Violence in the workplace, although still rare, is becoming more common. From domestic violence which spills over to work to client rage, employee grudges and random violent acts which happen in or near your work location, it’s impossible to know what—or when—violence can occur. But it is possible to be prepared to deal with the disruption and emotional and mental health of your employees in the aftermath.
Every year, nearly 1 million American workers are victims of assault in the workplace. It’s the fourth leading cause of death at work. And violence is the second leading cause of death for women on the job. This impacts employee health – resulting in an average of 5 days away from work after assault. In addition to anyone physically injured, witnesses, others involved in or nearby the incident, colleagues, and family may all have serious emotional or psychological after-effects.
Types of Workplace Violence
Mainstream media would lead the public to believe that workplace violence is simply a mass shooter showing up at an office. However, the truth is not that simple. OSHA defines workplace violence as: “…any act or threat of physical violence, harassment, intimidation, or other threatening disruptive behavior that occurs at the work site. It ranges from threats and verbal abuse to physical assaults and even homicide.”
Therefore, workplace violence can include:
- Verbal abuse
- Sexual harassment
- Physical Altercations
- Verbal or physical threats
Inter-company Workplace Violence
When the violence (or threats of violence) come from within an organization, victims are less likely to report for multiple reasons, including:
- Fear of retaliation
- Fear of supervisor’s reaction
- Lack of company policies
- Lack of training
The emotional trauma of workplace violence can last for years. So, after taking care of any physical injuries or damage in the immediate aftermath, the next task is tending to the mental health of those impacted.
The Responsibility of Leadership in Workplace Trauma Recovery
Some workplaces have formal critical incident stress debriefing protocols. Others would do well to have formal processes for recognizing, validating, and supporting employees who’ve experienced violence in your workplace. This can include employee assistance programs or confidential counseling services for affected employees. Or it may be less formal, in the form of supervisors and managers who listen and can be flexible with their employees. And who understand how long it takes to heal. Some employees may need extra time off, or may need to change job responsibilities.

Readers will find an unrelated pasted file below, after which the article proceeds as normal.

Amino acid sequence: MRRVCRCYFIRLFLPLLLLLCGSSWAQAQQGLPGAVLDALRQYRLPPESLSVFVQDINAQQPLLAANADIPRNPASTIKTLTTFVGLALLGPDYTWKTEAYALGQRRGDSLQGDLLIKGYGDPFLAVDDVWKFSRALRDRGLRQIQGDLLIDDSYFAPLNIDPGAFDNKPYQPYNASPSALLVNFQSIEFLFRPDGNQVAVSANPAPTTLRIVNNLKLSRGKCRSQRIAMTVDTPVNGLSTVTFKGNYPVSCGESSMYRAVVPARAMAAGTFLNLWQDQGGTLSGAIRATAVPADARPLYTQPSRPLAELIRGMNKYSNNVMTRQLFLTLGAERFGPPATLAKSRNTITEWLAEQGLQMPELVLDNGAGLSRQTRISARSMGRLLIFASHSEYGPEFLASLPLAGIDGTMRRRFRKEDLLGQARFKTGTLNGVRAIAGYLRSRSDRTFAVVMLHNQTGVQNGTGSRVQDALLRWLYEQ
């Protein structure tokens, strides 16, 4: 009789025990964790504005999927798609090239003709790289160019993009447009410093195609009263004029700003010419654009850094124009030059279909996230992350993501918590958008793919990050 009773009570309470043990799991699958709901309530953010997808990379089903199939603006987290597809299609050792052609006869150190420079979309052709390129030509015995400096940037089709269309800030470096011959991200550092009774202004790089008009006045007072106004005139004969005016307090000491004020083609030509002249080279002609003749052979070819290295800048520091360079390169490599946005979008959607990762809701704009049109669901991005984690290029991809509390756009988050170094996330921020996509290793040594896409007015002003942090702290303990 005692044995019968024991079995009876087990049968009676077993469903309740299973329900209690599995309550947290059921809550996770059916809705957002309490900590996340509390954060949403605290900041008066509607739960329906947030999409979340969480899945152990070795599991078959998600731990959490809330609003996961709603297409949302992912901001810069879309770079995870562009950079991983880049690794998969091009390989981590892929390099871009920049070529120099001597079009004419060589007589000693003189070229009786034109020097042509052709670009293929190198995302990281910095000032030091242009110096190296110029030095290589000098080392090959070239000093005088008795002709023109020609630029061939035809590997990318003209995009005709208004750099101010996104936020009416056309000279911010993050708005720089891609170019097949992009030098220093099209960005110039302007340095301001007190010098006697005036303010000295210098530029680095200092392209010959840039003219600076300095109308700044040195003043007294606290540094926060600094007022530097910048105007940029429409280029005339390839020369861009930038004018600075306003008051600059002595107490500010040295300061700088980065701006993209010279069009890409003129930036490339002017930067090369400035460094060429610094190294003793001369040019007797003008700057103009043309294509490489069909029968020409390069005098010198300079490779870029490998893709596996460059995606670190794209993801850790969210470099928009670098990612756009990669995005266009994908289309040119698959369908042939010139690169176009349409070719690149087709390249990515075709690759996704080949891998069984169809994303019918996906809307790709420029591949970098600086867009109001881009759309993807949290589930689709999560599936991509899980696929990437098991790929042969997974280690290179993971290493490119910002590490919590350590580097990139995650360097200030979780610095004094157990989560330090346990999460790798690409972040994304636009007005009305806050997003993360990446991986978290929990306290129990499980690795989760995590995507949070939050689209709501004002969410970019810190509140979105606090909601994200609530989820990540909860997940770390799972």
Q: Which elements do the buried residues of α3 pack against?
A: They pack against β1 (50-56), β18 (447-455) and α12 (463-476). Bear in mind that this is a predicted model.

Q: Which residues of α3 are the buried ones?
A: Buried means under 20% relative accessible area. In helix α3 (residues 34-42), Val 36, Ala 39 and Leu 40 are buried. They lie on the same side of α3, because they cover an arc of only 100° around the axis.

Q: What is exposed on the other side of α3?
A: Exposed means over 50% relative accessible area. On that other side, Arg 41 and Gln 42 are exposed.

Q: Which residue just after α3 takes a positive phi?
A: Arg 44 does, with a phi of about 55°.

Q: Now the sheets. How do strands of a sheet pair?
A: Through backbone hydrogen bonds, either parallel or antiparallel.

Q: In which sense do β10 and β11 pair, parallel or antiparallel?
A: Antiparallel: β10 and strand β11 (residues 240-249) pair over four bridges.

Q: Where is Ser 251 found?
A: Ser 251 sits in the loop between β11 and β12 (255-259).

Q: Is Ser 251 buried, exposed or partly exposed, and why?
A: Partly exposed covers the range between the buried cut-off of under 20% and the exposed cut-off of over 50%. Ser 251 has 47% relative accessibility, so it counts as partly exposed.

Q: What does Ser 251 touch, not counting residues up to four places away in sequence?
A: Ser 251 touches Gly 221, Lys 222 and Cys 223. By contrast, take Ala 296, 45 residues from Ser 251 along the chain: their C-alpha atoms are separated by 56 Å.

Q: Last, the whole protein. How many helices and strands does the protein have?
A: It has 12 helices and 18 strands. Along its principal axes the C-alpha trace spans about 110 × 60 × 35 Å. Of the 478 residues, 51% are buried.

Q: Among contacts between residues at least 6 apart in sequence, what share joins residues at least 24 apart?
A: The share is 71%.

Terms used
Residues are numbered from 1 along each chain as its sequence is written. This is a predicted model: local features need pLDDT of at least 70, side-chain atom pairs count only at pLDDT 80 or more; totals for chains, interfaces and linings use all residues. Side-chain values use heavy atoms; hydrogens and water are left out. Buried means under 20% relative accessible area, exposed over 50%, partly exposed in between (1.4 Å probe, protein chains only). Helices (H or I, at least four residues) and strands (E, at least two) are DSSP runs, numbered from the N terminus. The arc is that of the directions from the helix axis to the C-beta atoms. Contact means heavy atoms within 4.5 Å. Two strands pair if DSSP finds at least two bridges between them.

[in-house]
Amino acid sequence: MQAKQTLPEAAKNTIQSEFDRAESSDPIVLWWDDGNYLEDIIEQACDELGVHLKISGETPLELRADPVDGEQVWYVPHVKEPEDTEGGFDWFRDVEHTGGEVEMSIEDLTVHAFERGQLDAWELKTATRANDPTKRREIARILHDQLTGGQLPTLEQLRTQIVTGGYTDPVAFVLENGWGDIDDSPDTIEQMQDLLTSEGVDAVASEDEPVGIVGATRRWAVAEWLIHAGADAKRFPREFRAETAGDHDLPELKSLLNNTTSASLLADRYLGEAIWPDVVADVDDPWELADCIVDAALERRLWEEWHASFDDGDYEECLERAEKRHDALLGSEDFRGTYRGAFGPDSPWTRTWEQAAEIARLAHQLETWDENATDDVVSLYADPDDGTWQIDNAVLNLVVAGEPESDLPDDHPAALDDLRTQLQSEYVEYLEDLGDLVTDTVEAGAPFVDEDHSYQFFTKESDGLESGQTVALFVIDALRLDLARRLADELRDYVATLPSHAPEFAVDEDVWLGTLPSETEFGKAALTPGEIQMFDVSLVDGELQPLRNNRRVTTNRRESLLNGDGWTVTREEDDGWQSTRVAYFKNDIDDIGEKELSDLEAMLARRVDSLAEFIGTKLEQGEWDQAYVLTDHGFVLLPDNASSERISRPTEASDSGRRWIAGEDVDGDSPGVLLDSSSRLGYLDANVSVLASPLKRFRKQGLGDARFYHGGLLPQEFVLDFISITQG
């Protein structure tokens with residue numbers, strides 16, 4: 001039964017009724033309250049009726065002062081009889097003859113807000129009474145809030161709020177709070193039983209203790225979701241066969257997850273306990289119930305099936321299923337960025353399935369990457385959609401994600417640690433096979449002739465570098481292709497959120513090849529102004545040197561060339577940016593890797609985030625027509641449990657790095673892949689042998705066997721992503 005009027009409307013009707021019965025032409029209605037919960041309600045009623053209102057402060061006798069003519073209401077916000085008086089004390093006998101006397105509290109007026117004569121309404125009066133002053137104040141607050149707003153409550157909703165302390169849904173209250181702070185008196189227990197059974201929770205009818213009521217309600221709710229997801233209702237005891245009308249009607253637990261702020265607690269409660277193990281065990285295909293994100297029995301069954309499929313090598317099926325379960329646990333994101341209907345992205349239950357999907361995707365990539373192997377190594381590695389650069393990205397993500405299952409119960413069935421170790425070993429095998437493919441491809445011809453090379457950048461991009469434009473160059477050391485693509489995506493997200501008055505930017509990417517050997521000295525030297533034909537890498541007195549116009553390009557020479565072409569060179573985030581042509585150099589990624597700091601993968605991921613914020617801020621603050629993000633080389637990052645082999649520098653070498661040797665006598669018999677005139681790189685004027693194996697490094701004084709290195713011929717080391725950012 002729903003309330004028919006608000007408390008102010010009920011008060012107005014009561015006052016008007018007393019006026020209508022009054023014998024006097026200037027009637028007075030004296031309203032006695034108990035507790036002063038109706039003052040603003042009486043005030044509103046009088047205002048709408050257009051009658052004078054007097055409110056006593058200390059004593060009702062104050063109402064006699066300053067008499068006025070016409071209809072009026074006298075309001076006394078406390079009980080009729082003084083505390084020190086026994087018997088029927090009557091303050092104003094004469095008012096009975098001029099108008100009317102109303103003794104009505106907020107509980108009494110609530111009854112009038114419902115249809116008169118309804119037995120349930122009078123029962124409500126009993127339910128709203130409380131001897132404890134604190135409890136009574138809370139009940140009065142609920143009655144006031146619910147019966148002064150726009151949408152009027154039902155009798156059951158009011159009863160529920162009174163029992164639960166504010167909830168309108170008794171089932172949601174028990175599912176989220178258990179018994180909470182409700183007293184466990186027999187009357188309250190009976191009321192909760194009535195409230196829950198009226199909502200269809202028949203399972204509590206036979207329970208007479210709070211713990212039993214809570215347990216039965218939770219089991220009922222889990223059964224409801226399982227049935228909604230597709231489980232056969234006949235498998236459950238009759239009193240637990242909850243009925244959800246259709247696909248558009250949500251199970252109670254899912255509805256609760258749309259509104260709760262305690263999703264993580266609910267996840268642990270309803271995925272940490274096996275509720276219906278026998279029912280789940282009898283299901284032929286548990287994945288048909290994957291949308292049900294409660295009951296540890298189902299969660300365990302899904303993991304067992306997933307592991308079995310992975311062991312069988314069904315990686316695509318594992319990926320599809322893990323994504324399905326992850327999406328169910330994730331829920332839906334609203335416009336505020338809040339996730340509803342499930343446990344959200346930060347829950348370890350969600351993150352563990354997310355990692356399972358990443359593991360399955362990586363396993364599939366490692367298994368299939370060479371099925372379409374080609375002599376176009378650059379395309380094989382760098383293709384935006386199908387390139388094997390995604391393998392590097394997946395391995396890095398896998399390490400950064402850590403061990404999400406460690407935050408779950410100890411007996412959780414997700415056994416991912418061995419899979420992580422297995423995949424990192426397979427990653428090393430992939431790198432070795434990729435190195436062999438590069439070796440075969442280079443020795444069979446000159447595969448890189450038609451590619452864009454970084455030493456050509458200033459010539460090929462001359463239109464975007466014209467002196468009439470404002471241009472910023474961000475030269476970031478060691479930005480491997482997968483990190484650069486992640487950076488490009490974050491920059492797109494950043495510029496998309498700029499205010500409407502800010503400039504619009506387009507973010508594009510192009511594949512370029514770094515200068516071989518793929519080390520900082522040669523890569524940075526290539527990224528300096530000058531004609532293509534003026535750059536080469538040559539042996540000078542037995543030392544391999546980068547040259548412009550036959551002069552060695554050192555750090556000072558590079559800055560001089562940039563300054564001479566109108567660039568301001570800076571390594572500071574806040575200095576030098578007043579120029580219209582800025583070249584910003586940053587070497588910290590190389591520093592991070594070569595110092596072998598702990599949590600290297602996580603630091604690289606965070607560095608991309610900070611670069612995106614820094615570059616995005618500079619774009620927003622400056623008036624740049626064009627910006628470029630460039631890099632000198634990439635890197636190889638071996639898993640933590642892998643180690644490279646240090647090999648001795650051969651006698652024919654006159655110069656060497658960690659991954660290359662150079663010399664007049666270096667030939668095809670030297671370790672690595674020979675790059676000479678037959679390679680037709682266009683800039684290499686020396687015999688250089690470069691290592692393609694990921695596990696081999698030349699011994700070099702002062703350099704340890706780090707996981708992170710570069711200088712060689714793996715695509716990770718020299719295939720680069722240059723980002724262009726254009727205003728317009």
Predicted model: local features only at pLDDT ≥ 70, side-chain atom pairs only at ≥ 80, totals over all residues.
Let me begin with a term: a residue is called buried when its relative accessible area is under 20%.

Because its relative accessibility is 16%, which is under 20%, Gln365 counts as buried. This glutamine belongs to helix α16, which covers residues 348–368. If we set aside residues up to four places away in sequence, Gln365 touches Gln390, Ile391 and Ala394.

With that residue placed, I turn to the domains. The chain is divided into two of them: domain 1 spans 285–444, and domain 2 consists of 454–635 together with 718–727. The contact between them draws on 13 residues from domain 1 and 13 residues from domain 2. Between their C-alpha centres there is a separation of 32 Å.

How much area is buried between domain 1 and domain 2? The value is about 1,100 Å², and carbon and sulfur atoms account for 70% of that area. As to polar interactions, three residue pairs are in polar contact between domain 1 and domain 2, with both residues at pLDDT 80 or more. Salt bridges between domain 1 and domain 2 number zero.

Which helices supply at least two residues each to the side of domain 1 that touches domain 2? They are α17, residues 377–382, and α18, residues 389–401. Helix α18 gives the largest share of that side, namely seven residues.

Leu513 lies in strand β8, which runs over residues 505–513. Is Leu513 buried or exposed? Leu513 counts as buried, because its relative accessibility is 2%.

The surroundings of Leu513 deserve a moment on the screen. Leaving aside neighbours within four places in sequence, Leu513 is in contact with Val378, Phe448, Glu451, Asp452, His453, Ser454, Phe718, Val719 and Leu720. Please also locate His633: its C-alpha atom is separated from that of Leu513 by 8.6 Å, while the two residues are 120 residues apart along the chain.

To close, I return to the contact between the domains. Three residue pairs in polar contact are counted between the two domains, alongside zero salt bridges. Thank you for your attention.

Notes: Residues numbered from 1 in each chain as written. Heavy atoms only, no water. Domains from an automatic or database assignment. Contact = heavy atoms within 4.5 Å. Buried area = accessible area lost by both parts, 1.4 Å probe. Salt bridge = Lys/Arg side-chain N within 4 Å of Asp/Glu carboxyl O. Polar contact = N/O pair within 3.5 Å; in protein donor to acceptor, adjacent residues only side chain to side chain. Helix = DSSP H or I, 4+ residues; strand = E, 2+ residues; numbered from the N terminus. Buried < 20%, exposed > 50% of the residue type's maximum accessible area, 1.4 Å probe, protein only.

Taking care of the health of your employees, both physical and mental, is the right thing to do. If there’s a question of how long-term that impact may be, look at these statistics:
- Workplace violence costs U.S. businesses approximately $4.2 billion per year in missed days of work and legal costs.
- The World Health Organization estimates that 6.4% of works in the U.S. have had an episode of major depressive disorder (from any cause), equaling 5 weeks of lost productivity or $36 billion human capital loss for companies.
Yes, employers have both legal and moral obligations to help their employees after workplace violence. But they also have human obligations. Support is a key factor in helping someone recover from trauma. You can’t guarantee your workplace will be free from violence. But you can understand what constitutes workplace violence and have policies and procedures in place to protect and assist employees when they are affected by it. And you can show your humanity by supporting and caring for those who need it. Thus empowering your organization to be the right kind of company to work for.